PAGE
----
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Velocity estimation

Last post 07:11 pm February 1, 2024 by Martin Stas
7 replies
05:34 am October 8, 2023

My scrum team follows two week sprints cadence . During Sprint planning, team takes the average velocity of last 6 sprints as a guideline  and based on team's confidence level they commit stories for the sprint  after factoring in holidays and PTOs. But recently our management asked us to estimate and report  upcoming sprint velocity. Management shared an excel template for this which has the below formula


Full Capacity = Sprint length x Number of team members 

Sprint Capacity = Full Capacity less holidays and PTOs

Average Velocity =  Average Velocity of last 6 sprints

Capacity percentage = Sprint Capacity/Full Capacity

Planned velocity = Capacity percentage x Average velocity


Is this the right way to estimate velocity?



07:53 pm October 9, 2023

Velocity is the rate at which work is Done. That's it, and it's only really of interest to the Scrum Team doing the work.

If management care about velocity, find out why. They should be more concerned about value delivered, and the systemic impediments to value delivery which they can help to remove.

08:44 pm October 9, 2023

@Ian is correct.  The velocity shouldn't matter to anyone outside of the team that is measuring it.  I won't get on my "how are you measuring velocity" soapbox right now but I'm happy to elaborate if you ask. 

The only thing that people outside of the immediate Scrum Team should care about is the continuous delivery of usable increments of value to the stakeholders. I am have seen teams that had great "velocity" but were terrible at actually delivering anything that the stakeholders found valuable.  One of those teams was one for which I was Scrum Master and we did it on purpose to illustrate the point to our executive management team.  It was a real eye opening experience for the entire organization.

11:48 pm October 9, 2023

Goodhart's Law: when a measure becomes a target, it ceases to be a good measure.

07:27 am October 10, 2023

Thank you all for your reply.


@Ian, my management created a Center of Practice(CoP) for Scrum Masters. Leaders of CoP wants to implement  common method and practice of estimating velocity across all the Scrum teams in the organization. My challenge with this is

1. Team started showing  tendency to stick to the Planned Velocity instead of collaboratively deciding the stories/story points that they can  commit for the sprint (Goodhart's Law ?) 

2. If Velocity is the rate at which work is Done, then I assume the formula should be Velocity per team member per day x Sprint Capacity. But the given formula is Capacity percentage x Average velocity

@Daniel , It would be great if you can elaborate on  "how are you measuring velocity" 

08:53 pm October 12, 2023

Hi Praveen.

There is no "right" way to estimate velocity. But some ways are more wrong than others 😀

For example, I suspect the managers are searching for some degree of predictability. But it seems they are asking the team to measure how fast they can go in future. (Those are two different questions.)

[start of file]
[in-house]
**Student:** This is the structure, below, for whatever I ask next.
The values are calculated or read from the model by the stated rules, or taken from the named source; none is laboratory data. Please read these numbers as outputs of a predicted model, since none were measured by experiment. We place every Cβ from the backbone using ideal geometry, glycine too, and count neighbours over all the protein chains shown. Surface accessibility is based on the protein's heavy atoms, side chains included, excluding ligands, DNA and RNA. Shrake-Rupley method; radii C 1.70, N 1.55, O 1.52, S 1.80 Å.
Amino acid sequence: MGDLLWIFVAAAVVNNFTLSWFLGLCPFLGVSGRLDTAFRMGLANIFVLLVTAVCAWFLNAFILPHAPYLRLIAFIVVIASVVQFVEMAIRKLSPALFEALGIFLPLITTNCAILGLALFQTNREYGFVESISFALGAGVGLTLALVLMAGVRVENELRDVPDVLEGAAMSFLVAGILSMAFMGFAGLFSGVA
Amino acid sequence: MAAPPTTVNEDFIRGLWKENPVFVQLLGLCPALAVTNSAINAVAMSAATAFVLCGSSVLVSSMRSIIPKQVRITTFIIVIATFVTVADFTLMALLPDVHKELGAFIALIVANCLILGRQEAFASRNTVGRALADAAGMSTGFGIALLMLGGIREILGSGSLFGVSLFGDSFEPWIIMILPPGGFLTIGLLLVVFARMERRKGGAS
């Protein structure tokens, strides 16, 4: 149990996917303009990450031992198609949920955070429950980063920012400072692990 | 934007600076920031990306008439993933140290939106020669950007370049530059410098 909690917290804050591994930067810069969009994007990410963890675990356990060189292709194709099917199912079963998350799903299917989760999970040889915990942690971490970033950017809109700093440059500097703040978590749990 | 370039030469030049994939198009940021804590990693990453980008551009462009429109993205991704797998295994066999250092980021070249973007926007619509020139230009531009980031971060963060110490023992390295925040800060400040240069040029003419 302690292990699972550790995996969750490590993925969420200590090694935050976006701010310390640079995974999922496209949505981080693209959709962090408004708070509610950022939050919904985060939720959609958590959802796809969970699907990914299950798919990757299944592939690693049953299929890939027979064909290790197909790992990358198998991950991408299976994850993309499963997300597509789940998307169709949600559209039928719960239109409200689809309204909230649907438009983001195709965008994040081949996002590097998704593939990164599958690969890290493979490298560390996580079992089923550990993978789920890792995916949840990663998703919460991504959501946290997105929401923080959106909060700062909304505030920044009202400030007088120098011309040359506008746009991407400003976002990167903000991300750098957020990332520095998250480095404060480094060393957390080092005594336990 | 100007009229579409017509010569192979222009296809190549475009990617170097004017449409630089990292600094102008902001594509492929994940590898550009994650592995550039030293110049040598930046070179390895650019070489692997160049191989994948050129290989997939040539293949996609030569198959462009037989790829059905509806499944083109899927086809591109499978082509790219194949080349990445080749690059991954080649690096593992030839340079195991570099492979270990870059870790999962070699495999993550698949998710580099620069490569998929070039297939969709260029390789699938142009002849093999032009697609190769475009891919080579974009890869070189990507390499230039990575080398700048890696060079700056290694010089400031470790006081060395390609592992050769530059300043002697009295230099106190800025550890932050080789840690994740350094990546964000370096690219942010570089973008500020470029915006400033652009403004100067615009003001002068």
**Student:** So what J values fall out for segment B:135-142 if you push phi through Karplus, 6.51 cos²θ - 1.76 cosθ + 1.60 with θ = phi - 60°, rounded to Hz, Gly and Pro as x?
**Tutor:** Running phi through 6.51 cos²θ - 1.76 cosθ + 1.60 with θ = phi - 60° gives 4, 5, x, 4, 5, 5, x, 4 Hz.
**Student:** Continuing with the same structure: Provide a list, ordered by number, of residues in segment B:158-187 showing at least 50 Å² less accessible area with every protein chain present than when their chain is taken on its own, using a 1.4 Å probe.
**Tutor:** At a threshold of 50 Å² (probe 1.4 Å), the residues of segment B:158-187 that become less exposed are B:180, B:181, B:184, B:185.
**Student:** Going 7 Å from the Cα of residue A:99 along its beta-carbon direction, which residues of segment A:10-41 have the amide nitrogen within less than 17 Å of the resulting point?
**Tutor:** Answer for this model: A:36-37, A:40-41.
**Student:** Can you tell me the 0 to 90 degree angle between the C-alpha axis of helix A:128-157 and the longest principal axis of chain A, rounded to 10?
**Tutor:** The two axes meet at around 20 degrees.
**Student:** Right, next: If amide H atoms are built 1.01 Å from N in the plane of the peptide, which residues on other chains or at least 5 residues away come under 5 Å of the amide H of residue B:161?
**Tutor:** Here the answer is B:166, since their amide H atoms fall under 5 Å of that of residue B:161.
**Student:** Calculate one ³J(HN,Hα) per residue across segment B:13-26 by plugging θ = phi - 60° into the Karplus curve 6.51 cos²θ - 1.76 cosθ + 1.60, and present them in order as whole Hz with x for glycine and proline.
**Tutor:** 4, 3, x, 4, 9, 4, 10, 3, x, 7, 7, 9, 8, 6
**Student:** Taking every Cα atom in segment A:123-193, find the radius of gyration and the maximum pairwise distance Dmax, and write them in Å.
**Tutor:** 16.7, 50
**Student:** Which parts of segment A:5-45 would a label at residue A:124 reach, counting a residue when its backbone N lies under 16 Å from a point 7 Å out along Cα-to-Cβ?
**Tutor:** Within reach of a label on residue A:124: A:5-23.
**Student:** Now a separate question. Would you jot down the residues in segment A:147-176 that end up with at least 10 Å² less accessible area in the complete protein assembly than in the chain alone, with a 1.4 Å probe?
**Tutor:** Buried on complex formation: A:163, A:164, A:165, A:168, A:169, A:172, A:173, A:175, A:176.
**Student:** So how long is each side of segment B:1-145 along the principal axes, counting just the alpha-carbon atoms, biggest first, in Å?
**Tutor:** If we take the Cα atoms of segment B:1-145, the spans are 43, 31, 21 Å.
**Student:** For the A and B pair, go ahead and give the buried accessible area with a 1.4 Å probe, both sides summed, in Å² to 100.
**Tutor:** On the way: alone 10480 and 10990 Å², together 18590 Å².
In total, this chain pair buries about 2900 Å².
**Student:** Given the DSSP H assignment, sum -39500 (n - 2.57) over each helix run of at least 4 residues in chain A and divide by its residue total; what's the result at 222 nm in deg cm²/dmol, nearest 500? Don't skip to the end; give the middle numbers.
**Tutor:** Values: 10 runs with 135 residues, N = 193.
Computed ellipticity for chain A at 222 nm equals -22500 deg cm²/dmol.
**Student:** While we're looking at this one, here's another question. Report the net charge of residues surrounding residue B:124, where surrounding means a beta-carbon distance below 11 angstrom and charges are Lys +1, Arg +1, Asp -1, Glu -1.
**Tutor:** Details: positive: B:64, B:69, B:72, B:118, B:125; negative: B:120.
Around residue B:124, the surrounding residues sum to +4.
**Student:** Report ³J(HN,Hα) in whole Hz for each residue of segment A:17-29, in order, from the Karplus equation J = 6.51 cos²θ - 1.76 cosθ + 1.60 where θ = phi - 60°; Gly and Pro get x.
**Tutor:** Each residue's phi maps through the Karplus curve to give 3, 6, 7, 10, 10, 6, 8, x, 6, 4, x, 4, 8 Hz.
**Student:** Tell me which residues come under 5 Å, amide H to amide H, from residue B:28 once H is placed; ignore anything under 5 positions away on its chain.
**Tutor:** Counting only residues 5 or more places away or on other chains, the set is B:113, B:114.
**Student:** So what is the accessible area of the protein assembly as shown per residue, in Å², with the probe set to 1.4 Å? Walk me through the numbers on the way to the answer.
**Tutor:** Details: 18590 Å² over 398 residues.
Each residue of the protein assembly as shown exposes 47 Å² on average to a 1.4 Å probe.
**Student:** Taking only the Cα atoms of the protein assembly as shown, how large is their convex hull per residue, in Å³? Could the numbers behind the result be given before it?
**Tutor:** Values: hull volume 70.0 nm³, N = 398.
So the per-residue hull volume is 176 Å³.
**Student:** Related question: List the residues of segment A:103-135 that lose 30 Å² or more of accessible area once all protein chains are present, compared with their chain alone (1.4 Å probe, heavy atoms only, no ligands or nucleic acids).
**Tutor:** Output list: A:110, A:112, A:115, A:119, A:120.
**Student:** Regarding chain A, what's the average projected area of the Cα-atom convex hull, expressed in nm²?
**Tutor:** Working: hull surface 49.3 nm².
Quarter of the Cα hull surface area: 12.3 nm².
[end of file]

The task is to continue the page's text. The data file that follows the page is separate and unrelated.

Please have a look at this short article:

I've tried to illustrate in that story that the fastest route is not the smartest route.

I suspect your managers will be happy if the 'velocity' metric appears to increase; but what if the team decided to go slower but on a more direct route? Their velocity may appear to decrease — would the managers get upset?


On a related topic, you might consider buying two books for your managers: #NoEstimates by Vasco Duarte; and Escape Velocity by Doc Norton.

03:37 pm October 13, 2023

@Daniel , It would be great if you can elaborate on  "how are you measuring velocity" 

Measuring velocity can be done in many ways.  Unfortunately, the most common is by counting story points that are "burned" during a Sprint.  I say unfortunately because in my opinion, that is the most flawed way of doing it.  So, the accuracy of the formulas will depend greatly on how accurate the data is that makes them up. 

If you calculate velocity based upon the number of completed or burned story points during a Sprint, you are measuring anything, in my opinion.  Story points are guesses made at a specific point in time based upon information known at that time.  As soon as work begins, new information is obtained and those original guesses are no longer applicable.  The guesses do not represent actual work being done so they do not represent any kind of movement, i.e. velocity. 

However, if you use metrics like throughput or cycle time to determine velocity, you are using data based upon actual work and can be used better to forecast future results.  These books by Daniel S. Vacanti could help you better understand how these metrics can be used.  

The use of velocity to predict future results is something that needs to be entered into with knowledge that each team will have their own velocity and that you can't compare one to the other with those metrics.  This is especially true if you are using something as abstract as estimate based data. But even if you look at throughput and cycle time, it still is only relevant to the individual team being measured.  This is because each team will decompose work differently, each team has different skills and work ethics.  There is no good way to compare teams when the work is creative like software development.  And anytime I see a list of metrics like you proposed, I can visualize the spreadsheets that will be used to generate graphs for the teams and individuals to determine if they are "performing". 

06:28 am February 1, 2024

The same issue...

Any fresh ideas? 

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